When I was fourteen we had sex education at school. The boys were separated from the girls. I had no idea what boys would have to talk about when it came to the birds and the bees. To this point in time, all I knew on the matter had come from a 1970's book that was presented to me in a brown paper bag and filled with grainy pastel illustrations. Incidentally, I only owned that book for 6 months as it was taken off me in order to give it to my school friend whose 15 year old sister had found herself pregnant. But I digress......
In year 8 sex education, the boys went to one classroom and the girls to another. I wondered what was going on in the boys' lesson. So I went home and asked my mum about it, asking if boys also had a monthly menstrual cycle. She said they didn't. It would be many years before I fully understood what the boys were talking about in their 'secret lessons'.
Although I am highlighting the things that my mum didn't tell me. I am well aware that most people 30 years old and above would have had a similar experience to me. Our baby-booming parents were brought up in an era where politeness and delicacy in conversations was paramount. Matters were discussed using euphemisms that only the enlightened understood, such as 'you're a young woman now', 'that special time of the month'. My mum didn't set out to deceive me or leave me in the dark, she just didn't have the vocabulary and confidence to tell me how it really was.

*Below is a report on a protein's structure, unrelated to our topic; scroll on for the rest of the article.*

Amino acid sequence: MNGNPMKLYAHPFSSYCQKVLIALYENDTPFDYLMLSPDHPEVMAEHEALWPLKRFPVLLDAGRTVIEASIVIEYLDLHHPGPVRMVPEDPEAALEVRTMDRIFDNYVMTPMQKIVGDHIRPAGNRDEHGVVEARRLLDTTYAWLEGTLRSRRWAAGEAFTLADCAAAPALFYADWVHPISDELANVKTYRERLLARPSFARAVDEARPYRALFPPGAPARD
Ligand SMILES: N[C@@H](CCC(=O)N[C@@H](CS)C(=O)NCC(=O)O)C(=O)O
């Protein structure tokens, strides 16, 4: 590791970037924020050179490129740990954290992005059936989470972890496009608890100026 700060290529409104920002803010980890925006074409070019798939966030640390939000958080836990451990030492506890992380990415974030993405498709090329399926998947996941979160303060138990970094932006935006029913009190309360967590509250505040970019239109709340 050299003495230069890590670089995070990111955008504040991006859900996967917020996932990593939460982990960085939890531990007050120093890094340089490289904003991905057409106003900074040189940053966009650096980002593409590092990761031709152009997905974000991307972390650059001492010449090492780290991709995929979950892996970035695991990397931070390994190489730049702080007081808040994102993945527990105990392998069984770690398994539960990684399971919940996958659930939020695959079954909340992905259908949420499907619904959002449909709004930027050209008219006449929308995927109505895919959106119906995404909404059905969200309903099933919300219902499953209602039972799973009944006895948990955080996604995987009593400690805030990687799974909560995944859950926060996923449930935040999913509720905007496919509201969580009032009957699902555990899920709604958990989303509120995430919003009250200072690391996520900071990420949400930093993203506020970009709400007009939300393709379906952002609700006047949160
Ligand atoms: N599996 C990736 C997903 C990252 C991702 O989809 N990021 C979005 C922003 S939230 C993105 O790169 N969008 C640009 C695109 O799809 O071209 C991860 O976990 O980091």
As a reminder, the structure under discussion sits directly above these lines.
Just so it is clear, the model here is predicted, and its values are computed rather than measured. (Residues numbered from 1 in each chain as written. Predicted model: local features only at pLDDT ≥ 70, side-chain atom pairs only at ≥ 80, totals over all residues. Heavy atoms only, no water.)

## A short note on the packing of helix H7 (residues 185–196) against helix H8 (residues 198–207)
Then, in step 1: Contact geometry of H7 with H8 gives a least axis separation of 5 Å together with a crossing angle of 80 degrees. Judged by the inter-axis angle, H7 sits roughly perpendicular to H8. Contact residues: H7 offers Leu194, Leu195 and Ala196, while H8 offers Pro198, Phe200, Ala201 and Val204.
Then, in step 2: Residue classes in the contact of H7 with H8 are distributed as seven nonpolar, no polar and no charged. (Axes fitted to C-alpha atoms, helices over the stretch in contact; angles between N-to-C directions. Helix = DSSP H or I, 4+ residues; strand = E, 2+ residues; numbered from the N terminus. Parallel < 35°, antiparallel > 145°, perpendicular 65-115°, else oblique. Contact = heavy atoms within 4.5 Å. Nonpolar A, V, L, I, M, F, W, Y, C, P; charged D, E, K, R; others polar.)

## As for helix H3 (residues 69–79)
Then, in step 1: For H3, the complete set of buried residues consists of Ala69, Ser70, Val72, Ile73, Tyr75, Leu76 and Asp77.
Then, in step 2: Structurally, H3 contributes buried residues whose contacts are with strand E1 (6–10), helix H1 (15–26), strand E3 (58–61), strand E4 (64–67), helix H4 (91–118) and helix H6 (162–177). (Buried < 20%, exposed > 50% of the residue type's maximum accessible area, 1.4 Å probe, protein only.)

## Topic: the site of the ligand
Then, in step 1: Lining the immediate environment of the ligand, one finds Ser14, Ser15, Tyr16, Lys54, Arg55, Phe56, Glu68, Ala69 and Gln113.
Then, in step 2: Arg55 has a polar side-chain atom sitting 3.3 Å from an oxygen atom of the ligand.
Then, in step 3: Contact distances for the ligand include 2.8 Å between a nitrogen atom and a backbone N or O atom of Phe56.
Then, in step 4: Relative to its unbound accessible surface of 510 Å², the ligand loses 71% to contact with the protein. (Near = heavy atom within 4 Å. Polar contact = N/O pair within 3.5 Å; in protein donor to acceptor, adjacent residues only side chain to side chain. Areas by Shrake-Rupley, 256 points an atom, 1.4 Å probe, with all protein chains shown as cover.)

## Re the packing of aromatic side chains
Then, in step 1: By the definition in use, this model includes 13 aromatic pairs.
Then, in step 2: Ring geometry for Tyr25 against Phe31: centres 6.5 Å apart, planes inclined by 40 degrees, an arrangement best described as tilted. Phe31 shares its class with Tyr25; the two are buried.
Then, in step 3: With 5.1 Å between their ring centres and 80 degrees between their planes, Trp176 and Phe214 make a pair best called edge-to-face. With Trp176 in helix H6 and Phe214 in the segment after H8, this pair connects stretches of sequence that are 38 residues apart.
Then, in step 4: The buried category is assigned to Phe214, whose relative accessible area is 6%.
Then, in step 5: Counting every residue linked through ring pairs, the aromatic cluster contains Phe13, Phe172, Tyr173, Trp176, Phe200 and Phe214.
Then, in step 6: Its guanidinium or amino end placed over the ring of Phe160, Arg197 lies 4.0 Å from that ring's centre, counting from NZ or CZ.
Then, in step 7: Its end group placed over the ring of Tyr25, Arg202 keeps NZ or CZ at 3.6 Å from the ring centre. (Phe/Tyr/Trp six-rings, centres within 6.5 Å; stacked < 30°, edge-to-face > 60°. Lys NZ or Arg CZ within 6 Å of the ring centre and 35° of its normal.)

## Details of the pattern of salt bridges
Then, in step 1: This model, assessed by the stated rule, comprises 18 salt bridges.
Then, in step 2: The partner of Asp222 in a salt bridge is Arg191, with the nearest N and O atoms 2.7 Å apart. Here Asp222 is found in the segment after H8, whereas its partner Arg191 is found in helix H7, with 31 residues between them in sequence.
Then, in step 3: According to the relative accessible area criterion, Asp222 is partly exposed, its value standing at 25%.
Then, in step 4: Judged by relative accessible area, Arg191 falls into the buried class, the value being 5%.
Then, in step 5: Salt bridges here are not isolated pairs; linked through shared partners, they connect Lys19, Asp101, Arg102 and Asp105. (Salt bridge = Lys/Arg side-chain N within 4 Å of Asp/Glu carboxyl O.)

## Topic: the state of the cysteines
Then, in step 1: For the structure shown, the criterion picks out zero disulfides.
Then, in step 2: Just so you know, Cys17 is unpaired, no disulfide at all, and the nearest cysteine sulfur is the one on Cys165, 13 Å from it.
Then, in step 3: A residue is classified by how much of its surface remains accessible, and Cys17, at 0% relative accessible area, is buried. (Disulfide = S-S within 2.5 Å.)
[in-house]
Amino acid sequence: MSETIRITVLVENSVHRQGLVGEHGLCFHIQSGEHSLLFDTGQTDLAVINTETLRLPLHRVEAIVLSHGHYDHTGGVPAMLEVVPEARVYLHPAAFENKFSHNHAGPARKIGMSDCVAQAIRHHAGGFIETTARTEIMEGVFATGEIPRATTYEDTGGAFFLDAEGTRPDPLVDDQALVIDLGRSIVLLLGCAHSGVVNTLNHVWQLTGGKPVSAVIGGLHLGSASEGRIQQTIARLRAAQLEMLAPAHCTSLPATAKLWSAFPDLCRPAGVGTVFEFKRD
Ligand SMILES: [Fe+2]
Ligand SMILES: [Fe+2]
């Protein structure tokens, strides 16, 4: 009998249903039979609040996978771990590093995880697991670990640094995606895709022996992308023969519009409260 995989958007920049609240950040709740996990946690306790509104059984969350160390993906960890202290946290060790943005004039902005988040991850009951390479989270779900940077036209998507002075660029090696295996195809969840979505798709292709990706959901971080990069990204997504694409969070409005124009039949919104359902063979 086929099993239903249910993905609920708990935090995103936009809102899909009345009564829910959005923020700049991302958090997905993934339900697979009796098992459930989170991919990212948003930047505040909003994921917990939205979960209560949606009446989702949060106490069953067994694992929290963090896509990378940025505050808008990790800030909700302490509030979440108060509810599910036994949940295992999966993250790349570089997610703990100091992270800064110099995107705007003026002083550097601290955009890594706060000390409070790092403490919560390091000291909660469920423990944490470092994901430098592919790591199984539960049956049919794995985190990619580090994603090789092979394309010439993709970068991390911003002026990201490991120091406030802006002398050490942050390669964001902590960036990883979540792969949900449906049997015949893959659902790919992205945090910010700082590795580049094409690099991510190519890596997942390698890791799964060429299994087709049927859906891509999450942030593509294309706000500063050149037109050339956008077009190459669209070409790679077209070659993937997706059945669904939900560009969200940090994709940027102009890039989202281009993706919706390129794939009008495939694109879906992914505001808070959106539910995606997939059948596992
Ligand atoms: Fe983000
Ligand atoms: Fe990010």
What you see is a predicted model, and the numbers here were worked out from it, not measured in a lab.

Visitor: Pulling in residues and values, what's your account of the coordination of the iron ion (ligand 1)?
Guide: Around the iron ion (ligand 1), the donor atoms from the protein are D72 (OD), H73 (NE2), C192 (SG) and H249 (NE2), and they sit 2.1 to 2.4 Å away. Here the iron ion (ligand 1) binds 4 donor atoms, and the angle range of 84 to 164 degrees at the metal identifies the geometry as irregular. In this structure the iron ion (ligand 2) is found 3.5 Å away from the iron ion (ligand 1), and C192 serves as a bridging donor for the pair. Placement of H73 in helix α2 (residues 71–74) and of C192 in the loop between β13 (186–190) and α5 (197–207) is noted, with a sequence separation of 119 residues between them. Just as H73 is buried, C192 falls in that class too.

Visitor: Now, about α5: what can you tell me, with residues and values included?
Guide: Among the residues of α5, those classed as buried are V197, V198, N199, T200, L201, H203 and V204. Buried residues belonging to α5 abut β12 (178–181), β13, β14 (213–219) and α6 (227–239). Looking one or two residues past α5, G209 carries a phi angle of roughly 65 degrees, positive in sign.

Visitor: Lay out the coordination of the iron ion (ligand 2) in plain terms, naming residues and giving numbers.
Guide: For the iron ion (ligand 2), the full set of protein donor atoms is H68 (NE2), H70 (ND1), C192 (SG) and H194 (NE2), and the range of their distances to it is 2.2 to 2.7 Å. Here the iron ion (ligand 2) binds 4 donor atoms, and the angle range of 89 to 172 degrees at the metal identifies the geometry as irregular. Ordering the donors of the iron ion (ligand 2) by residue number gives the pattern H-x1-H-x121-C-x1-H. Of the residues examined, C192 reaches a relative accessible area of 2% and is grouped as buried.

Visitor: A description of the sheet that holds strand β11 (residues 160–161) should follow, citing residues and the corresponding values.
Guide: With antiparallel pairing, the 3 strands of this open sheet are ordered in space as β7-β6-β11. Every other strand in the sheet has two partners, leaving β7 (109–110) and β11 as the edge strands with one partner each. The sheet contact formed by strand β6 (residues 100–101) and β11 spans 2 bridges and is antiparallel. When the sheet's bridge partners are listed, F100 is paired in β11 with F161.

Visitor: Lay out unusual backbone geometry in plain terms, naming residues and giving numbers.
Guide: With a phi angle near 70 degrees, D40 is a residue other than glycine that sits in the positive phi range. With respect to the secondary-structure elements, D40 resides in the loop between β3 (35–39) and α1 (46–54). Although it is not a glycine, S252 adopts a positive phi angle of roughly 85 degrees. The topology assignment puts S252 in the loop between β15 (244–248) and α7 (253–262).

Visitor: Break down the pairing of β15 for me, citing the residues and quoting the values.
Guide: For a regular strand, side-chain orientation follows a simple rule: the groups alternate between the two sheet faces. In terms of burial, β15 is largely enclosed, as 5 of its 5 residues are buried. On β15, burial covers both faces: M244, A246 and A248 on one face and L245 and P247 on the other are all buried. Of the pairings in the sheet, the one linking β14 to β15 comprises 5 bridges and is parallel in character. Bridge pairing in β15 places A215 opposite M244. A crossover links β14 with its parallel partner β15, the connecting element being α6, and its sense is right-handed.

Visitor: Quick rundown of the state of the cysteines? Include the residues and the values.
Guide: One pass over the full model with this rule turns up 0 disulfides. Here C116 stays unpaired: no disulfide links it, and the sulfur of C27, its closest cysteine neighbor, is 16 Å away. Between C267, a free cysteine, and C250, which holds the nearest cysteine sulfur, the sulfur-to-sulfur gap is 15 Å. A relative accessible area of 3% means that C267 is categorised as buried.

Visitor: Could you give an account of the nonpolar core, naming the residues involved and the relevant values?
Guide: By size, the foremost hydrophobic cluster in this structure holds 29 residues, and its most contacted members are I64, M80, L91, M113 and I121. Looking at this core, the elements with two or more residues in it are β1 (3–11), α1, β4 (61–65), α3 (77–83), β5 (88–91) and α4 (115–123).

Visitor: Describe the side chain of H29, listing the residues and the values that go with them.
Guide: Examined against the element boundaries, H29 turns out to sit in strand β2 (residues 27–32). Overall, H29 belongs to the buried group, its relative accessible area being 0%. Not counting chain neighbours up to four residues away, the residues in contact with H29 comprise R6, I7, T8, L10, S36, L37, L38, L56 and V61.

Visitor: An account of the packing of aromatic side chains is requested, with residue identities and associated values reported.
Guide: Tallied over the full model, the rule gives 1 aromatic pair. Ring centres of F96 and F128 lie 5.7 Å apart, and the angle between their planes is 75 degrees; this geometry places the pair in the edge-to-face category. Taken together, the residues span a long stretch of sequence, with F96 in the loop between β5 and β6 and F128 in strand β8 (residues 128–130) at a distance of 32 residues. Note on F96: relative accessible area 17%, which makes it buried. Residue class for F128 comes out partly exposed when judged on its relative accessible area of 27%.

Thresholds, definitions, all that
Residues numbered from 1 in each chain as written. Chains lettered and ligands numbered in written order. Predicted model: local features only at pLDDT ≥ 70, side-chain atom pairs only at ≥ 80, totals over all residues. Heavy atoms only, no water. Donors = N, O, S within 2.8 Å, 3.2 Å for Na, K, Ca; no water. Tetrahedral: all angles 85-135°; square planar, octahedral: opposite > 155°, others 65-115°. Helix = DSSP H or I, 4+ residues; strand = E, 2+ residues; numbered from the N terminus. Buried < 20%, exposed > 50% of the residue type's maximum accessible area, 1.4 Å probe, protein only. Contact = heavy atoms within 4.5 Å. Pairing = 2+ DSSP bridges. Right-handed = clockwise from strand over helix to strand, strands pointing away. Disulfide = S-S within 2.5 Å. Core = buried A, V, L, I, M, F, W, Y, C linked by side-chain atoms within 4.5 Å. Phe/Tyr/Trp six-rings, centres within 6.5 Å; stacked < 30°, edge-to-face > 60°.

Sadly, there are plenty of kids in the playground and even teachers in the classroom who are happy to tell your children all about the facts of life, along with a whole lot of other matters that used to be the responsibility of parents to tackle. Although it may be the more convenient and less awkward option, when you leave it up to another person to tell your children about the important issues of life, they also subtly communicate their own values and beliefs on the topic. If you want your child to understand and respect your perspective on these delicate matters, then you need to be the one to explain them from your viewpoint.
Over the next few weeks, I am going to explore some of these awkward conversations and suggest ways that you could tackle them. Ideally, you will read my ideas and then improve upon them and adapt them for your own family context. You will also find that as you read my thoughts, you will also get an idea of my personal worldview. Many of you will agree with it, others of you will see things very differently. Despite our differences, we still need to have these conversations with our children, the way we approach the conversations may be similiar, but the content of the conversations may be different. That's okay. I just want you to have those conversations so that your children aren't left to connect the dots with unpleasant consequences.
So strap yourselves in, throw out your 1980's rule book on raising children and get ready to have some conversations that aren't really that awkward after